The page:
A validation study of self-reported diabetes was conducted on 85 cohort participants in 1988 after the first follow-up survey. Subjects tended to over-report having diabetes; of 44 women who reported having diabetes at baseline, 28 (64%) were confirmed as having diabetes by their physician. All 41 women who reported not having diabetes at baseline were confirmed as not having diabetes (16).

Statistical analysis

For women who did not report a diagnosis of diabetes, person-time-at-risk was calculated from baseline to the date of the last completed follow-up survey. For women who reported a diagnosis of diabetes, person-time was calculated as the sum of the known disease-free period and half of the period during which the diagnosis was made. Mortality status was determined annually through linkage with the State Health Registry of Iowa or, in the case of nonrespondents and emigrants from Iowa, via the National Death Index.

Nutrient intakes were adjusted for total energy through the residual method (17) and divided into quintiles. Trend analyses weighted each category of dietary intake by the median intake for that category. Cox proportional hazards regression models provided estimates of rate ratios (RRs). The SAS package was used (18); all P values were two-sided.

To examine the independent effects of specific fat subtypes, we simultaneously adjusted for all fat subtypes. Because we adjusted for dietary protein, the regression coefficients are an estimate of the effect of substituting a specific fat subtype for carbohydrates in the diet. We further examined substituting one fat subtype for another by including total fat and all fat subtypes except the subtype for which we substituted (19).

The distributions of several known risk factors for diabetes and correlation coefficients among dietary fat variables are presented in Table 1. Women in the highest category of saturated, monounsaturated, trans fatty acids, and animal fat had a higher BMI and WHR, but they consumed less alcohol and engaged in less physical activity. For cholesterol, these relations were similar but not as pronounced. The risk-factor differences among categories of polyunsaturated and ω-3 fatty acids and vegetable fat were not extreme. Overall, 99% of the population was non-Hispanic white and 95% were of Protestant or Catholic religious faith; these distributions did not vary according to fat intake. Positive correlations were evident between total and saturated fat, total and monounsaturated fat, animal and saturated fat, and vegetable and polyunsaturated fat.

After adjusting for nondietary factors in a multivariate regression analysis, total dietary fat, saturated fatty acids, and monounsaturated fatty acids were not related to incident diabetes (Table 2). Animal fat, cholesterol, the Keys score, and ω-3 fatty acids were positively correlated to diabetes. Comparing the highest with the lowest levels of intake, animal fat was associated with a 20% increase in incident diabetes (RR 1.19 and 95% CI 1.02–1.39). Comparing the highest with the lowest quintiles of intake, diabetes incidence increased with dietary cholesterol intake and the Keys score (1.24, 1.07–1.43) and (1.27, 1.08–1.49), respectively. There were inverse relations with polyunsaturated fatty acids and trans fatty acids and vegetable fat. Relative risks among quintiles of intake were 1.0, 0.93, 0.90, 0.84, and 0.87 (P = 0.03) and 1.0, 0.88, 0.84, 0.81, and 0.78 (P = 0.0007) for polyunsaturated fatty acids and vegetable fat, respectively.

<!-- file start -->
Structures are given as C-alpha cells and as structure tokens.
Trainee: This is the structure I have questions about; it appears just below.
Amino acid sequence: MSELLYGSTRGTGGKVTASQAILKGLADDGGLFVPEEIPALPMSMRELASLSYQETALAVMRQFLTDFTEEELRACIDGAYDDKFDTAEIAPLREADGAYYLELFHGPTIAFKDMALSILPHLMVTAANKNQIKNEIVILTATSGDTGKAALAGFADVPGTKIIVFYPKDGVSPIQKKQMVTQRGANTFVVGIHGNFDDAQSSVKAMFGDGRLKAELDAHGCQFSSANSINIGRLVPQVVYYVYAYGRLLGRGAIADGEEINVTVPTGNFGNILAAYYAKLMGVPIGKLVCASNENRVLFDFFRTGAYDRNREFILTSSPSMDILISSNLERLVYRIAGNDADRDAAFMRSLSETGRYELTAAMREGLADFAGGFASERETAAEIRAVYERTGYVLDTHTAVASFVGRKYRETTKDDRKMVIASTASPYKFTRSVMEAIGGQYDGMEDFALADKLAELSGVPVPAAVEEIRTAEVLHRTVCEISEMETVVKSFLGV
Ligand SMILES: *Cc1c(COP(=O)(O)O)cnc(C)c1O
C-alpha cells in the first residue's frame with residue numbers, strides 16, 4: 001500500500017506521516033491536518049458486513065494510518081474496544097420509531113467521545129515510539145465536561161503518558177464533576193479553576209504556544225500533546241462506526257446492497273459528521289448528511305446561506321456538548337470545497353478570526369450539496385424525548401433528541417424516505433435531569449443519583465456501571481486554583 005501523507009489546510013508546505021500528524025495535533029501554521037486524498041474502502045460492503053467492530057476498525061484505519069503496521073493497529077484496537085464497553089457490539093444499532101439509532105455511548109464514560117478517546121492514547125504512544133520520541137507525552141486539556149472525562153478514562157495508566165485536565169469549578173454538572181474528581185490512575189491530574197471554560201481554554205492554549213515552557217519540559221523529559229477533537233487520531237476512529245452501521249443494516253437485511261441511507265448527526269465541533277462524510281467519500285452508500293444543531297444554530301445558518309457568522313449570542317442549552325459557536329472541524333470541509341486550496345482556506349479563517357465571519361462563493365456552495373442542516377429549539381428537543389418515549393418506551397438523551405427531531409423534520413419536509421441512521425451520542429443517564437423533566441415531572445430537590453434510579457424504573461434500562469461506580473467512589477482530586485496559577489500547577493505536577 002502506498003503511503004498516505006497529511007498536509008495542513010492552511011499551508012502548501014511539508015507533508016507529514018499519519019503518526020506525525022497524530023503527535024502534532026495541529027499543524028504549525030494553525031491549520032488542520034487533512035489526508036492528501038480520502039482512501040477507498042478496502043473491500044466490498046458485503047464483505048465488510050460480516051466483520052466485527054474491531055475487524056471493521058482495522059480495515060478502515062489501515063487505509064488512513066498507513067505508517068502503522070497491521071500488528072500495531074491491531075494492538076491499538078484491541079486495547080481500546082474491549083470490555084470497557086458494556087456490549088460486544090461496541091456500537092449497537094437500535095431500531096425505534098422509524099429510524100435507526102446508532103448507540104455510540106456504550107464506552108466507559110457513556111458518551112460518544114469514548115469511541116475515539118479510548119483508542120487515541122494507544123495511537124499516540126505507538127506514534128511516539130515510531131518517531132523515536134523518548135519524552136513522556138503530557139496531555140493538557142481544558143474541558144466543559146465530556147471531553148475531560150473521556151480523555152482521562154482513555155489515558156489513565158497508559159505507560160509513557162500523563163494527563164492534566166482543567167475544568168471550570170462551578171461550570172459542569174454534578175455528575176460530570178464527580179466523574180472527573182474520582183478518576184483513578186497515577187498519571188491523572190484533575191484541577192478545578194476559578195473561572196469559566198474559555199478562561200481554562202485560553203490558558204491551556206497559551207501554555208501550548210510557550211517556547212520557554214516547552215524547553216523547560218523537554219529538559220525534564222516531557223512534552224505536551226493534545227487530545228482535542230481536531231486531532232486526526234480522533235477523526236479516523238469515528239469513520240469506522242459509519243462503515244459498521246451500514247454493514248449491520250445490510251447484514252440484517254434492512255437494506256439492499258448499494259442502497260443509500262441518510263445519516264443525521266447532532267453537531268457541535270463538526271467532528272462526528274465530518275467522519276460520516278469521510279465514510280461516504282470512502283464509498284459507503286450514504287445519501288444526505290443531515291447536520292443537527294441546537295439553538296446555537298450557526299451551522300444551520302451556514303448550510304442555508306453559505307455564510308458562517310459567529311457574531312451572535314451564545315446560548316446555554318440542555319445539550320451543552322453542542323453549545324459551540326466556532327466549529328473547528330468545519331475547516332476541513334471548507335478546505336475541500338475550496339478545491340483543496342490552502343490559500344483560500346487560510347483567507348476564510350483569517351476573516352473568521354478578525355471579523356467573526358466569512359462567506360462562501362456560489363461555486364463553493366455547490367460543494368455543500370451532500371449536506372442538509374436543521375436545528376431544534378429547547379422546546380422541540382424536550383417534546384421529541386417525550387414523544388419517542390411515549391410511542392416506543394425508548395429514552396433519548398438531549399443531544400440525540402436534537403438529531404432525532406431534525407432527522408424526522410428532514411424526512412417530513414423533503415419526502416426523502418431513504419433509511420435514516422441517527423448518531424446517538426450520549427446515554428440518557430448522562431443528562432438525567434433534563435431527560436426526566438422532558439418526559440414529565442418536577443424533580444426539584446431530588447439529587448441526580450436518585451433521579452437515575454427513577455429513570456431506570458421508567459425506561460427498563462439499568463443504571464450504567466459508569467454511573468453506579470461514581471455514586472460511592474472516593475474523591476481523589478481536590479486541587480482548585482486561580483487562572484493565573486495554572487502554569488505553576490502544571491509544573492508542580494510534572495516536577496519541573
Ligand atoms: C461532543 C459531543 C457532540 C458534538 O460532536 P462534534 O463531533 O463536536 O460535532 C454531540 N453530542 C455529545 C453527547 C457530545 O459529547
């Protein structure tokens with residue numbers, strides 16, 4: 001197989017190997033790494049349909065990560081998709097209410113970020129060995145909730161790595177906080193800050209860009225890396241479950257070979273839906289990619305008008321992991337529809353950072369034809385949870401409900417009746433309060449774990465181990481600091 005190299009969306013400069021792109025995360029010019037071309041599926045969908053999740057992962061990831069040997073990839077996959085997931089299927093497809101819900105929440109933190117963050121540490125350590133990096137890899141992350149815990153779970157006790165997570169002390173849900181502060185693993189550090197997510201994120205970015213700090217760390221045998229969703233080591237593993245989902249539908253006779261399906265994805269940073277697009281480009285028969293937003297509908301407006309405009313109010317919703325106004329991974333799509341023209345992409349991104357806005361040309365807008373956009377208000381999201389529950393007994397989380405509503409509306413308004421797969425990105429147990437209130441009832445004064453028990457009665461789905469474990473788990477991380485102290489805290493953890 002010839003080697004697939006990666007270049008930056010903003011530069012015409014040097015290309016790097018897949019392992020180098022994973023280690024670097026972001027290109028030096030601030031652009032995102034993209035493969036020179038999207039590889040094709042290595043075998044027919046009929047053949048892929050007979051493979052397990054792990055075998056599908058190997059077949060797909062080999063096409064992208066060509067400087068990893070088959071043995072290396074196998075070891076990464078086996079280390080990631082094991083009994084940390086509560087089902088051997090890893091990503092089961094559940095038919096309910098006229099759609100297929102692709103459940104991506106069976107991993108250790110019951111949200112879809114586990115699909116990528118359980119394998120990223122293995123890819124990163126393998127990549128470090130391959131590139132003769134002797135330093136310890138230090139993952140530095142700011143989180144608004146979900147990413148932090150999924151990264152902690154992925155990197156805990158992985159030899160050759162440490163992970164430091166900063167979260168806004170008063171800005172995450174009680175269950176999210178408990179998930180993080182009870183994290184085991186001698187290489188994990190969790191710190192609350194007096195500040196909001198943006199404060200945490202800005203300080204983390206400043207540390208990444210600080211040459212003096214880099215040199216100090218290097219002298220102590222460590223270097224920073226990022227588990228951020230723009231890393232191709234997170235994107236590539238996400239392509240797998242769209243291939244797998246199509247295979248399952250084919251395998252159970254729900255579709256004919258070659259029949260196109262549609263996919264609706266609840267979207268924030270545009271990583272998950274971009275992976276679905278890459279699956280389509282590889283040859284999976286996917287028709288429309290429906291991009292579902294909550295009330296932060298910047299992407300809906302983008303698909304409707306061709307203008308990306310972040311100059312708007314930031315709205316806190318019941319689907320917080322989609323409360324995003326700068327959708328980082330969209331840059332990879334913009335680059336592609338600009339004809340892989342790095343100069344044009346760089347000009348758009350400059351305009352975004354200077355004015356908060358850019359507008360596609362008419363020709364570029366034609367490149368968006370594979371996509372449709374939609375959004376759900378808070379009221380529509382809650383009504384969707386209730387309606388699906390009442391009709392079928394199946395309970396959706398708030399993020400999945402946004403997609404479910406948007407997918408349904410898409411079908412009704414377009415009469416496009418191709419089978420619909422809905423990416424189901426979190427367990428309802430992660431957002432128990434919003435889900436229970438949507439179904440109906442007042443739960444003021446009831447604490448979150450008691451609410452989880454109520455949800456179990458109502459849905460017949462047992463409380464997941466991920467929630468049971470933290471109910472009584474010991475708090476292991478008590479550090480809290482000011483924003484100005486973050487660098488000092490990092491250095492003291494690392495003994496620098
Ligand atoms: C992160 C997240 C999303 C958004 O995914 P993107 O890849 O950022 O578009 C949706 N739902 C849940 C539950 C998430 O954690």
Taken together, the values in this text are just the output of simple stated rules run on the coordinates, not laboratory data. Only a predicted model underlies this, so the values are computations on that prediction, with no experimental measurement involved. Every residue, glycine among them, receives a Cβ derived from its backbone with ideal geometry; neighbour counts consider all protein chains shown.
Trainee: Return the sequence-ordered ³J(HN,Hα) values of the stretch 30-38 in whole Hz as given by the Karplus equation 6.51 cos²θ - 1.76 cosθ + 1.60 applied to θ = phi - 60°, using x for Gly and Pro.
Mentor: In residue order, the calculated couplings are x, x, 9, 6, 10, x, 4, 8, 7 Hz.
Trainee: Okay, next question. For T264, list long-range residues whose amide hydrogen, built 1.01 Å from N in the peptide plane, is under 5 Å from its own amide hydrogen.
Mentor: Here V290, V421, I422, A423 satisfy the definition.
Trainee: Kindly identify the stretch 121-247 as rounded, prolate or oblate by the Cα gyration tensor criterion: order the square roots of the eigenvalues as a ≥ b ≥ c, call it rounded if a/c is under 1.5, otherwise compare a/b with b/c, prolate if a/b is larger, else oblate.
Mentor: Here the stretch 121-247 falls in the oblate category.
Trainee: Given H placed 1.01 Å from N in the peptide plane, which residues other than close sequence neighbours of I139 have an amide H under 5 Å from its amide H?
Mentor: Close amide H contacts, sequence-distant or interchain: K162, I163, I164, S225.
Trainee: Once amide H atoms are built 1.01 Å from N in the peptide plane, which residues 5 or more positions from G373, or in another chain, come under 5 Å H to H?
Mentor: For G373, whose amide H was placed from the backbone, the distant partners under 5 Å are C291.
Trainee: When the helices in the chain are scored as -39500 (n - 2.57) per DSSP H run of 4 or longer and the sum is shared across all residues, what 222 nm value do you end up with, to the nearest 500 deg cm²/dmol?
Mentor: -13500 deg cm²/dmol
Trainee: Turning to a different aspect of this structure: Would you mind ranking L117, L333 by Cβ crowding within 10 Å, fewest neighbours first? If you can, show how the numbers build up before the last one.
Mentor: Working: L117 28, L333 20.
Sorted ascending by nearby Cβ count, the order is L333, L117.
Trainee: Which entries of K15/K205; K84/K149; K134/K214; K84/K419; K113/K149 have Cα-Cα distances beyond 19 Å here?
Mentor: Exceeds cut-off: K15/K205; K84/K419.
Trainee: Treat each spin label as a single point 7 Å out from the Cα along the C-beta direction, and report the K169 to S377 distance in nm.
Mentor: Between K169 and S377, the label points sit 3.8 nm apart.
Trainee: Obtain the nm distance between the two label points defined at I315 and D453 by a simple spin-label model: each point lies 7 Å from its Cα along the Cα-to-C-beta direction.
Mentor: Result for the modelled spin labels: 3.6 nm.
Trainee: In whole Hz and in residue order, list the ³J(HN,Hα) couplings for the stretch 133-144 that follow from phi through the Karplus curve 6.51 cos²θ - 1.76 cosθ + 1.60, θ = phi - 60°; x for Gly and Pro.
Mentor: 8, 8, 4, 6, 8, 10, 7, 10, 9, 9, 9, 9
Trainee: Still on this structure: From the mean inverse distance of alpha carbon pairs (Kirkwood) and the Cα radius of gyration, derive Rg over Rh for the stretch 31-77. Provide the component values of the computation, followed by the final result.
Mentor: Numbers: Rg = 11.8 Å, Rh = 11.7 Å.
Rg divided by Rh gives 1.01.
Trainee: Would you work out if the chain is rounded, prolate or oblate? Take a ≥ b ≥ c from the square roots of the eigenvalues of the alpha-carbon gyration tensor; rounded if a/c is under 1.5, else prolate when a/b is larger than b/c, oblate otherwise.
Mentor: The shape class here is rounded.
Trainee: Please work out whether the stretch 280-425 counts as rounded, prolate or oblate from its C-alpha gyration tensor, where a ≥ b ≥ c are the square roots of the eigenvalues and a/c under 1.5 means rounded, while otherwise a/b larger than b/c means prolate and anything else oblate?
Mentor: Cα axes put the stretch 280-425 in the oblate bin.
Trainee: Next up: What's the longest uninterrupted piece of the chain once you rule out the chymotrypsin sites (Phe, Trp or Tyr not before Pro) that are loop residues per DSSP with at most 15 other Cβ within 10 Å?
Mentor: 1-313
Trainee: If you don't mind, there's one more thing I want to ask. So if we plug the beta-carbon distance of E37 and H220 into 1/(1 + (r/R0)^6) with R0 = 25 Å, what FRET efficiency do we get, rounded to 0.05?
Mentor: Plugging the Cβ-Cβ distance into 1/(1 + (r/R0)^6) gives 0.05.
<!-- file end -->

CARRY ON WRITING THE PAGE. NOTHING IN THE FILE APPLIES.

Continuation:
We further adjusted for dietary magnesium and cereal fiber (Table 2), both of which were inversely related to diabetes incidence in this population (20). After this adjustment, animal fat was no longer related to diabetes risk (P = 0.24). Also attenuated were relations with dietary cholesterol and the Keys score. Comparing the highest to the lowest category of intake, the RRs for cholesterol and the Keys score were 1.17 (95% CI 1.01–1.37) and 1.17 (0.99–1.38), respectively.

After simultaneous adjustment for other dietary fat subtypes, vegetable fat remained clearly associated with type 2 diabetes (Table 3). Relative risks across quintiles of vegetable fat intake were 1.00, 0.90, 0.87, 0.84, and 0.82 (P = 0.02), and they did not change appreciably after further adjustment for vitamin E. When we substituted polyunsaturated fatty acids for saturated fatty acids and vegetable fat for animal fat, we found that they were inversely related to diabetes risk. RRs across polyunsaturated fat intake were 1.0, 0.92, 0.89, 0.83, and 0.84 (P = 0.02). Comparing the highest to the lowest category of vegetable intake, the RR was 0.78 (95% CI 0.67–0.91).

We analyzed foods and food groups that contribute to fat intake. Total meat intake was positively correlated to diabetes risk. Relative risks across categories of intake were 1.0, 1.04, 1.07, 1.15, and 1.35 (P = 0.0004). After adjustment for vegetable fat and dietary cholesterol, magnesium, and cereal fiber, the relative risks across categories of intake were 1.0, 1.01, 1.02, 1.06, and 1.19 (P = 0.07). Eggs were also positively correlated to diabetes risk, with RRs across categories of intake of 1.0, 1.01, 1.11, and 1.21 (P = 0.02). This relation was eliminated after the adjustment for dietary cholesterol (P = 0.99). Foods high in vegetable fat, such as nuts, olive oil dressing, and margarine were not clearly related to diabetes risk.

There was no evidence in these data for modification of the relation between vegetable fat and diabetes by BMI. The relative risks for increasing vegetable fat intake roughly indicated a 20% reduction in diabetes when comparing the highest and lowest tertiles of vegetable fat in both the lowest and highest BMI tertiles. Similarly, we did not find support for effect modification by physical activity, alcohol consumption, or vitamin E intake.